The online world has been all atwitter (pun intended) over Facebook’s recent announcement that this Saturday, June 13 at 12:01 a.m. EST they’ll be allowing users to choose vanity URLs and usernames for profile and fan pages, but what does this mean for marketers, brand managers and us PR folks?
While there’s going to be a hefty amount of traffic to Facebook before the sun rises on Saturday, it’s definitely not going to be a replay of the domain name grabs we saw in the late 1990s. Facebook is putting systems in place to combat any would-be “squatters” from snatching up a trademarked brand’s URL (although there’s lots of chatter about how slow they were on the uptake for this one, considering Twitter and MySpace have been doing this for a long time already). So what do you or your e-communications team need to do? Here’s the break down.
Previously, Facebook URLs have been convoluted (ex. www.facebook.com/.php?id=987654321), whereas now usernames will appear in the URL (ex. www.facebook.com/vitaminwater). The vanity URLs are not only easier to share, but are also more memorable and offer ways for marketers to further engage their audiences by pushing them to their fan pages that can contain more interactive features and help foster an ongoing relationship over a longer period of time versus pushing consumers to the company’s Web page.
What do I need to do?
If your brand has a fan page that had at least 1,000 fans prior to May 31, review Facebook’s initial announcement and the FAQ section of the Web site to determine the specifics of what usernames are applicable, and work with your Facebook administrator to choose a username and register the URL early on June 13 (I’m sure extra caffeine would be much appreciated). But be careful when registering the URL in the wee hours of the morning. A misspelling could be costly, as revisions or transfers aren’t allowed once the username/URL is registered.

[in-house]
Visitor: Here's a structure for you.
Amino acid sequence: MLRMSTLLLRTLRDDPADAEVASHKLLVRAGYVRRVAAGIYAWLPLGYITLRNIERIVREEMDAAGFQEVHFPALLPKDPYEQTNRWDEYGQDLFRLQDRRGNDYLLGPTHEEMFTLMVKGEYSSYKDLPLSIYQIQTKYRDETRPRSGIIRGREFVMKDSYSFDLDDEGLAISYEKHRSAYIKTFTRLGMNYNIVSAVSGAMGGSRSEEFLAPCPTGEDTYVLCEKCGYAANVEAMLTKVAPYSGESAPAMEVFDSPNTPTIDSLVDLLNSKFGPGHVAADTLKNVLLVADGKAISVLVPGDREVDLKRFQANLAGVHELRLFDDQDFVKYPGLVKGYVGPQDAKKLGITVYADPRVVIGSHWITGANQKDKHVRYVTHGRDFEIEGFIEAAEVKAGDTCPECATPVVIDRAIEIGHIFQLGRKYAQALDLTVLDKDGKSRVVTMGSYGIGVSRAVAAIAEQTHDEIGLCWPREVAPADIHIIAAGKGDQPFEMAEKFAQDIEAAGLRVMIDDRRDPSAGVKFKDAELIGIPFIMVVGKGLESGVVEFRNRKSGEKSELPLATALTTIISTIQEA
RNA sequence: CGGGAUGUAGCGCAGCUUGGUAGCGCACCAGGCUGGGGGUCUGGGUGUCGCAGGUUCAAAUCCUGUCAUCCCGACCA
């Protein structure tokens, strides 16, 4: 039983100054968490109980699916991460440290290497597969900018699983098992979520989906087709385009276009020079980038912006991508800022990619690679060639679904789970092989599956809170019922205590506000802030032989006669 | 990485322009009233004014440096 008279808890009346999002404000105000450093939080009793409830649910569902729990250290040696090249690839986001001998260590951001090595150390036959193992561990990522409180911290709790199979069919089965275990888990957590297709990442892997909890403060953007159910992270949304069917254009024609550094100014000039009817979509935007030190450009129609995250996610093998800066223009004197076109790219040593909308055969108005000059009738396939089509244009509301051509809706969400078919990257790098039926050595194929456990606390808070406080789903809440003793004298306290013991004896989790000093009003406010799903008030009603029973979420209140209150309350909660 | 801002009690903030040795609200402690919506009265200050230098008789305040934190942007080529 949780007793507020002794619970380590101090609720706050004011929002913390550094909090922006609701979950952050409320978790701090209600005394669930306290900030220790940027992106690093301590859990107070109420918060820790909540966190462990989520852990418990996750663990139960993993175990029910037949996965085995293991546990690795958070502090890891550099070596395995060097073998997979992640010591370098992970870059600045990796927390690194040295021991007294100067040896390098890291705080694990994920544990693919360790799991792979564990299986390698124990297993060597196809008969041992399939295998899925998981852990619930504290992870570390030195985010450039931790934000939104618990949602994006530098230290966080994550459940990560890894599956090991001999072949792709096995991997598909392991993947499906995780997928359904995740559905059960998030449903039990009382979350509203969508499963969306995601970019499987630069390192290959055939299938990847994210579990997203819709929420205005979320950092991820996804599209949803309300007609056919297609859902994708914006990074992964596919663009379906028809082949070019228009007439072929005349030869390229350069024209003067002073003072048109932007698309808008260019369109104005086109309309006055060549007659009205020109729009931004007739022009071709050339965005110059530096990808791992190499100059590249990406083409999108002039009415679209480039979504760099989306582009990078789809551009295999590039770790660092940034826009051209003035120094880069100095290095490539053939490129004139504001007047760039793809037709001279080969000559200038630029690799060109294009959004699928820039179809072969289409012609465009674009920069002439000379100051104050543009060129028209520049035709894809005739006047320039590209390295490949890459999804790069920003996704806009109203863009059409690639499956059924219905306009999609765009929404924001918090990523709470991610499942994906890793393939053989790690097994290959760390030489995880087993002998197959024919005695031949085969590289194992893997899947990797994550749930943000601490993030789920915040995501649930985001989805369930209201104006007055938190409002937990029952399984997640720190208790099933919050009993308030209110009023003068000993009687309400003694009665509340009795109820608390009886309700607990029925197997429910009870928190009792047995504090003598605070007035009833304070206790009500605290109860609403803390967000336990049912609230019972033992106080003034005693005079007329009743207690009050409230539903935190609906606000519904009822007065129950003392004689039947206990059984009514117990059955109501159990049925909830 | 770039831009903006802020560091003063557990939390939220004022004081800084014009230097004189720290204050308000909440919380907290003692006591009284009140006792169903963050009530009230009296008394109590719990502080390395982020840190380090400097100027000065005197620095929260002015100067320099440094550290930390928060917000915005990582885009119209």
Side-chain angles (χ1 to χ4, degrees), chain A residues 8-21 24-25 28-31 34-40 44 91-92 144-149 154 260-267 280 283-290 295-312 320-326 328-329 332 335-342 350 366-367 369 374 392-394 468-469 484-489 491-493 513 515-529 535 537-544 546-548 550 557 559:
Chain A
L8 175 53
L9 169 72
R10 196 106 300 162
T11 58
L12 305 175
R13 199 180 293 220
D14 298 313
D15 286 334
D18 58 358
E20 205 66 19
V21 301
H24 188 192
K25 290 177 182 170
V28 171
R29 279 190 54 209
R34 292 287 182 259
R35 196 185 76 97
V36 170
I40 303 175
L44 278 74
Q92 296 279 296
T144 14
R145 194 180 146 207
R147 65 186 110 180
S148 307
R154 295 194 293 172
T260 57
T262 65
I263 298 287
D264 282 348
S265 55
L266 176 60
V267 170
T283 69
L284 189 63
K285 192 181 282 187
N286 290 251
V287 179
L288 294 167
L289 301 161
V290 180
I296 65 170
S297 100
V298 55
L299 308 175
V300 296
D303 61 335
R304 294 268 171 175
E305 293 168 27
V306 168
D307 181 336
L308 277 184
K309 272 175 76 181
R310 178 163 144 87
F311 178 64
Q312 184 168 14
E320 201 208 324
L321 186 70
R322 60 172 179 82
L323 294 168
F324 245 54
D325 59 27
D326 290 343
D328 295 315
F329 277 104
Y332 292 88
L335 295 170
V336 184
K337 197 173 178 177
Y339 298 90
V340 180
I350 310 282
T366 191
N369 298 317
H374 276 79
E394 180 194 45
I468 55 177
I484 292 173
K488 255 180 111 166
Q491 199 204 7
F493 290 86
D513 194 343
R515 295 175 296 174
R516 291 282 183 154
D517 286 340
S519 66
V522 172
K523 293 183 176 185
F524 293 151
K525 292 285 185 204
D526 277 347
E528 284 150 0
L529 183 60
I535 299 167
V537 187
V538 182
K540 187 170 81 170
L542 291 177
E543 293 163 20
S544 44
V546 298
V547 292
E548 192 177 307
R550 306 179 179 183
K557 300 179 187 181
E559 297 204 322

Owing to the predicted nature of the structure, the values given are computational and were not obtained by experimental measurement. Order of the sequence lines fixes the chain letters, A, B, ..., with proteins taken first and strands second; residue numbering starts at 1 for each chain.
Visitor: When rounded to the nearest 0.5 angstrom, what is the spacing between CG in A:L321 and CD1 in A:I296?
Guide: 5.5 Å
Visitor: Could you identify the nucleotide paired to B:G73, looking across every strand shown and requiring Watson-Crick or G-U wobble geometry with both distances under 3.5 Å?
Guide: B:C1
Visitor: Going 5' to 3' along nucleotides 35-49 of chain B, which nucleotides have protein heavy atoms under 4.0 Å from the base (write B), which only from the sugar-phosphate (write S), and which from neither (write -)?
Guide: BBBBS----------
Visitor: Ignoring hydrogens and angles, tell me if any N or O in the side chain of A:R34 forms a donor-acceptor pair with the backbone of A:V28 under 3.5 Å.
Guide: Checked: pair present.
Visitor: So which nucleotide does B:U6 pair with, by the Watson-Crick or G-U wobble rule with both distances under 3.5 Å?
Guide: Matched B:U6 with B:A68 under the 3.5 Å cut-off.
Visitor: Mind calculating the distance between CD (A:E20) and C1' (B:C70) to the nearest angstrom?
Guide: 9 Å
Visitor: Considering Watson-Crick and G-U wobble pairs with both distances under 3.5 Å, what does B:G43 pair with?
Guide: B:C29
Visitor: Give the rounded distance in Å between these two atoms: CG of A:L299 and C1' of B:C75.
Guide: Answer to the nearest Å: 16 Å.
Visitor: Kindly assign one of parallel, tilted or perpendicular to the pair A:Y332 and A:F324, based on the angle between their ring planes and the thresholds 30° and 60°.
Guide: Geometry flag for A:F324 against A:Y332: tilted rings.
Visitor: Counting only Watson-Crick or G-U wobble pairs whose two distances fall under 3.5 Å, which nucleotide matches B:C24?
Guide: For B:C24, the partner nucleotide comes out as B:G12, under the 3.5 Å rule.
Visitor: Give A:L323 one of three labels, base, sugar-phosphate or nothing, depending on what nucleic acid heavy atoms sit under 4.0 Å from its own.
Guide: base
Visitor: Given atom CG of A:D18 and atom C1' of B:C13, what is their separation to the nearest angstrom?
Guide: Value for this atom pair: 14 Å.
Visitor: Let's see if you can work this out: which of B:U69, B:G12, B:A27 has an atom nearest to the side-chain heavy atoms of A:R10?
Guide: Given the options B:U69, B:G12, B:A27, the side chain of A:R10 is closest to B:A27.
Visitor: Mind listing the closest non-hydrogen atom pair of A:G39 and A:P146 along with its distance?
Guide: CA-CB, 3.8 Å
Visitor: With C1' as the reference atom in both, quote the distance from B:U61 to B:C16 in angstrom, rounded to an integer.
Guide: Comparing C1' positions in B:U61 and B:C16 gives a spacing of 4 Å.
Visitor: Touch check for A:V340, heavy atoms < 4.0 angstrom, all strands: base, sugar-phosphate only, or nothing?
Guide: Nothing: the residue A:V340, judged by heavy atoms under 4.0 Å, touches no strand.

Whether or not you have a Facebook page that fits the above requirements, anyone with a trademarked brand should register a trademark with Facebook to help prevent any infringement on their trademark.
Additionally, all trademark holders should be monitoring for improper use of their trademark come Monday, June 15. Facebook has also created a mechanism to report any usernames that infringe upon a company’s trademark.
For more information about vanity URLs for companies that have new Facebook pages, or didn’t meet the 1,000 fan requirement, check out this recent article from Mashable’s Jennifer Van Grove.
So, regardless of whether you’ll be feverishly awaiting 12:01 a.m. this Saturday morning, or if you’ll be watching the mad dash from a distance, be prepared to see more marketers, advertisers and PR folks using Facebook URLs in their outreach.